Honda and GM partner for ‘ultimate engineering challenge’ — a new autonomous vehicle
By PETER HOLLEY
The Washington Post
Self-driving car company Cruise Automation is rushing to create a new autonomous vehicle with the help of one of the largest names in the automotive industry.
Honda said it will invest $2.75 billion into Cruise’s autonomous vehicle operations over the next 12 years, an infusion that arrives several months after the Japanese firm SoftBank announced a $2.25 billion investment in the company.
Both investments bring the 4-year-old company’s valuation to a whopping $14.6 billion, General Motors said in a news release Wednesday.
Cruise Automation — which is already building a fleet of autonomous vehicles that could hit American streets as early as next year — is a subsidiary of GM.
The Detroit automaker’s stock was up nearly 2 percent Wednesday.
Company officials were short on specific details about the new vehicle, but in a statement published on Medium, Kyle Vogt, the chief executive of Cruise, said Honda will work jointly with Cruise and GM to develop an “innovative, space-efficient autonomous vehicle” that “minimizes congestion on crowded city streets.”
In an interview Wednesday morning on Cheddar Live, Vogt said Honda brings experience in “space efficient design” and called the massive Japanese automaker the perfect partner for creating a vehicle that eases congestion on city streets. He declined to offer a timeline for the new vehicle’s release and said his company is “moving as quickly as we possibly can.”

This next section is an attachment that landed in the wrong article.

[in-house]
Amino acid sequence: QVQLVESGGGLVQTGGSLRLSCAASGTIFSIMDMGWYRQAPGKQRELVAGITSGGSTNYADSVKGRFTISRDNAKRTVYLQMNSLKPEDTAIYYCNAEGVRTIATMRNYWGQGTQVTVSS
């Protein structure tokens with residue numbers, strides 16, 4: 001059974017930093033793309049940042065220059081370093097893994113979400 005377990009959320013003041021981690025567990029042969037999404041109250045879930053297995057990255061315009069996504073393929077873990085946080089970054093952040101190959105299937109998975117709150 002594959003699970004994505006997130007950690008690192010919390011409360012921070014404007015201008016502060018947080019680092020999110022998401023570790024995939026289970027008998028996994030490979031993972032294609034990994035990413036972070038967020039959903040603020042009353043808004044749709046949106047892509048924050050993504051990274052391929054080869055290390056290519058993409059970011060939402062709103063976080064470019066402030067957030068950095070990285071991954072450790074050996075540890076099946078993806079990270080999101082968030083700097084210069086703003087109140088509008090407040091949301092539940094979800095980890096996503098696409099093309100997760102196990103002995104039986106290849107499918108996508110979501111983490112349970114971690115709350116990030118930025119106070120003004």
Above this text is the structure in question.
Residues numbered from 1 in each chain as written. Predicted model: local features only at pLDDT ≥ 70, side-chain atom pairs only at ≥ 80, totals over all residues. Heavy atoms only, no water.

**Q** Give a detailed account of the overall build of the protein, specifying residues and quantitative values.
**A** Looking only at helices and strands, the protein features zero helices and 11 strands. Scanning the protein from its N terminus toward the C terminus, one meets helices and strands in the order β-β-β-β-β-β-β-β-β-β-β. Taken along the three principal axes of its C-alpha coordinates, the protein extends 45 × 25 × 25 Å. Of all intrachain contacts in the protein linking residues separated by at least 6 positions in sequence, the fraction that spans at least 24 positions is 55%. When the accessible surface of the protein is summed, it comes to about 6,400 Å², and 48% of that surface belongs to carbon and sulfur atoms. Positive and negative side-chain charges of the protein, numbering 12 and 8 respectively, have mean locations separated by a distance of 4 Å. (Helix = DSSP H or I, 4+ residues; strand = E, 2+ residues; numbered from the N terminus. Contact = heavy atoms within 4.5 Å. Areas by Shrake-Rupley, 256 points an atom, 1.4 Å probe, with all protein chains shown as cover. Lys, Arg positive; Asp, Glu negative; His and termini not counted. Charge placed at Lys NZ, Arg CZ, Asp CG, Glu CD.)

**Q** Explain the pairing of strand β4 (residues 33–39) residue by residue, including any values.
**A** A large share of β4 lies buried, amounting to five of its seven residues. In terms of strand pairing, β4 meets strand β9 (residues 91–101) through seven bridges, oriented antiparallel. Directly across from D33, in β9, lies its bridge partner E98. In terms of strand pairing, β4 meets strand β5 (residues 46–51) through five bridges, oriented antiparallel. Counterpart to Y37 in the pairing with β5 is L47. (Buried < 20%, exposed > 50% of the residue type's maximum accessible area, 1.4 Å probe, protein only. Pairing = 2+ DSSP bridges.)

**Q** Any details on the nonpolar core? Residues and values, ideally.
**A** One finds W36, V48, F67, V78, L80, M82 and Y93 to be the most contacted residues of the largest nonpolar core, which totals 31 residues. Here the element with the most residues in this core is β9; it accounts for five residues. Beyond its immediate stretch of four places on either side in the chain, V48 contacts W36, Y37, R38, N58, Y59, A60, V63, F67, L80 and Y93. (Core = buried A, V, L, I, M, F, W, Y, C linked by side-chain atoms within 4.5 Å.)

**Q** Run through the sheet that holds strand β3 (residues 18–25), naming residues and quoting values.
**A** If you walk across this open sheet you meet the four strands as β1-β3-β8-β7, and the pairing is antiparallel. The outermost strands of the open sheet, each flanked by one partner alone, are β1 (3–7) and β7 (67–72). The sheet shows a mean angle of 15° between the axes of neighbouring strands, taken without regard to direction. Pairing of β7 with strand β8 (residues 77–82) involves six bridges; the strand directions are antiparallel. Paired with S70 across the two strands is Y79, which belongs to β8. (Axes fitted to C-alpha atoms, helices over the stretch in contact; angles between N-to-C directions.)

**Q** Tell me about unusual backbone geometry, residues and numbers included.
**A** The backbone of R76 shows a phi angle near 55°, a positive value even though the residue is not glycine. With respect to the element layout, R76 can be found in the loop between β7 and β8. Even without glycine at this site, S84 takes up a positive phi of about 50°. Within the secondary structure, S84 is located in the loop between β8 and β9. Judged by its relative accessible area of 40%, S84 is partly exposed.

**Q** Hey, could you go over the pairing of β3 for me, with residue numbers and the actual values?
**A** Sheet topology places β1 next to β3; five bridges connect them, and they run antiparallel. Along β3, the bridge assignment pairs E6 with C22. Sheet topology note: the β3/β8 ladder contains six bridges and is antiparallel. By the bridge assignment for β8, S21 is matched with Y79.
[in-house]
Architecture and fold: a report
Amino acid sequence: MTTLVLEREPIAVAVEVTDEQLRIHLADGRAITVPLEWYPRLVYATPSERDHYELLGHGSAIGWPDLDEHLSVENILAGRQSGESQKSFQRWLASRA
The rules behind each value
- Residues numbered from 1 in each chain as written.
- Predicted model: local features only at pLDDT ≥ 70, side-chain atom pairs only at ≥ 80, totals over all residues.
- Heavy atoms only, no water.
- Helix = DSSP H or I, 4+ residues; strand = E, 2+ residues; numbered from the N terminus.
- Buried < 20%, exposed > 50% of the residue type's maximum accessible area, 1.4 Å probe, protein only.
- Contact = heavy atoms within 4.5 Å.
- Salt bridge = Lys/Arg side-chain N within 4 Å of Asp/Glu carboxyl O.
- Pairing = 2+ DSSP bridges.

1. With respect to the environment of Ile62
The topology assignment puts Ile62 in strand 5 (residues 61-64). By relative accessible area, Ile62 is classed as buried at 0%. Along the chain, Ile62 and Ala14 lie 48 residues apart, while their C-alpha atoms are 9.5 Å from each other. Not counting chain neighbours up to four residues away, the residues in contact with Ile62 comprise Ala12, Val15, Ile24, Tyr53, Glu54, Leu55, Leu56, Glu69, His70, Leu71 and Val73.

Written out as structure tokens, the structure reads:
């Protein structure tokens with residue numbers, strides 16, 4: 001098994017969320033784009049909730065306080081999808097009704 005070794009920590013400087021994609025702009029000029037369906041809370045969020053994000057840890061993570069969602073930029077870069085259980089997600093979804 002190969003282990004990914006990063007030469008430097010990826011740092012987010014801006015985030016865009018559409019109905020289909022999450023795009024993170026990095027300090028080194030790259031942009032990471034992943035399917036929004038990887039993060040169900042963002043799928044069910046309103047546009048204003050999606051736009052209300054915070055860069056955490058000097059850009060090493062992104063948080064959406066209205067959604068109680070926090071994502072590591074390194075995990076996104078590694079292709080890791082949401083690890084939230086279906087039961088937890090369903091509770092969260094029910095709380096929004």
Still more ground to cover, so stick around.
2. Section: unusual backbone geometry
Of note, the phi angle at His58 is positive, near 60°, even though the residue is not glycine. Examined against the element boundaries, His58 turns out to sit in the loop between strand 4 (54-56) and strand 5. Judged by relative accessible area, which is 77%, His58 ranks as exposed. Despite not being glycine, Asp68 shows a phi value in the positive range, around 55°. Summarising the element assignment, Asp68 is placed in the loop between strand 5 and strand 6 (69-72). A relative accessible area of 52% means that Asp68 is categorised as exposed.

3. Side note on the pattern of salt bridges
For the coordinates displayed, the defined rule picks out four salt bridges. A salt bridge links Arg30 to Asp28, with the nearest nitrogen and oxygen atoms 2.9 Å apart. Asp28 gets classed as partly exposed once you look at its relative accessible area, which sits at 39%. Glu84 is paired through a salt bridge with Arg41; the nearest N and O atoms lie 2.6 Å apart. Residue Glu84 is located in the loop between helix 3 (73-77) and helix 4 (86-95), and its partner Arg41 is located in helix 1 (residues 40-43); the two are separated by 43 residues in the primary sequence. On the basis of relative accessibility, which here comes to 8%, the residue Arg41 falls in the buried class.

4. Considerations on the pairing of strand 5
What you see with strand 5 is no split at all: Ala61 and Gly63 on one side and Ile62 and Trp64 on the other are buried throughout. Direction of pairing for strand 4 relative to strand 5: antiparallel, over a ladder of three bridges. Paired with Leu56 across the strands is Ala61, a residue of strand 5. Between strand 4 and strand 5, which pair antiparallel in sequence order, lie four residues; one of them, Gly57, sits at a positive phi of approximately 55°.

GM noted that the vehicle will be manufactured at high volume “for global deployment.”
“Shouldn’t the car of the future have giant TV screens, a mini bar, and lay-flat seats?” Vogt statement says. “Maybe it should. We’ve been quietly prototyping a groundbreaking new vehicle over the past two years that is fully released from the constraints of having a driver behind the wheel.”
The funding arrives nearly 10 months after GM unveiled the Cruise AV — a fourth-generation autonomous vehicle based on a Chevy Bolt EV that lacks a steering wheel, pedals and manual controls that have come to define the experience of riding inside an automobile for more than a century.
“Autonomous vehicles are not simply a Silicon Valley-based dream,” Zo Rahim, research manager at the automotive media company Cox Automotive told CNN Money after Wednesday’s announcement. “Current auto manufacturers are primed to dictate the direction and growth of the future of mass mobility.”
GM is already testing second- and third-generation self-driving Cruise AVs on busy streets in San Francisco and Phoenix with a human engineer in the vehicle.
It relies on cameras, radar and high-precision laser sensors known as lidar for navigation.
The fourth generation of that vehicle will be used in a ride-sharing program in multiple American cities, where “the vehicles will travel on a fixed route controlled by their mapping system,” Bloomberg reported.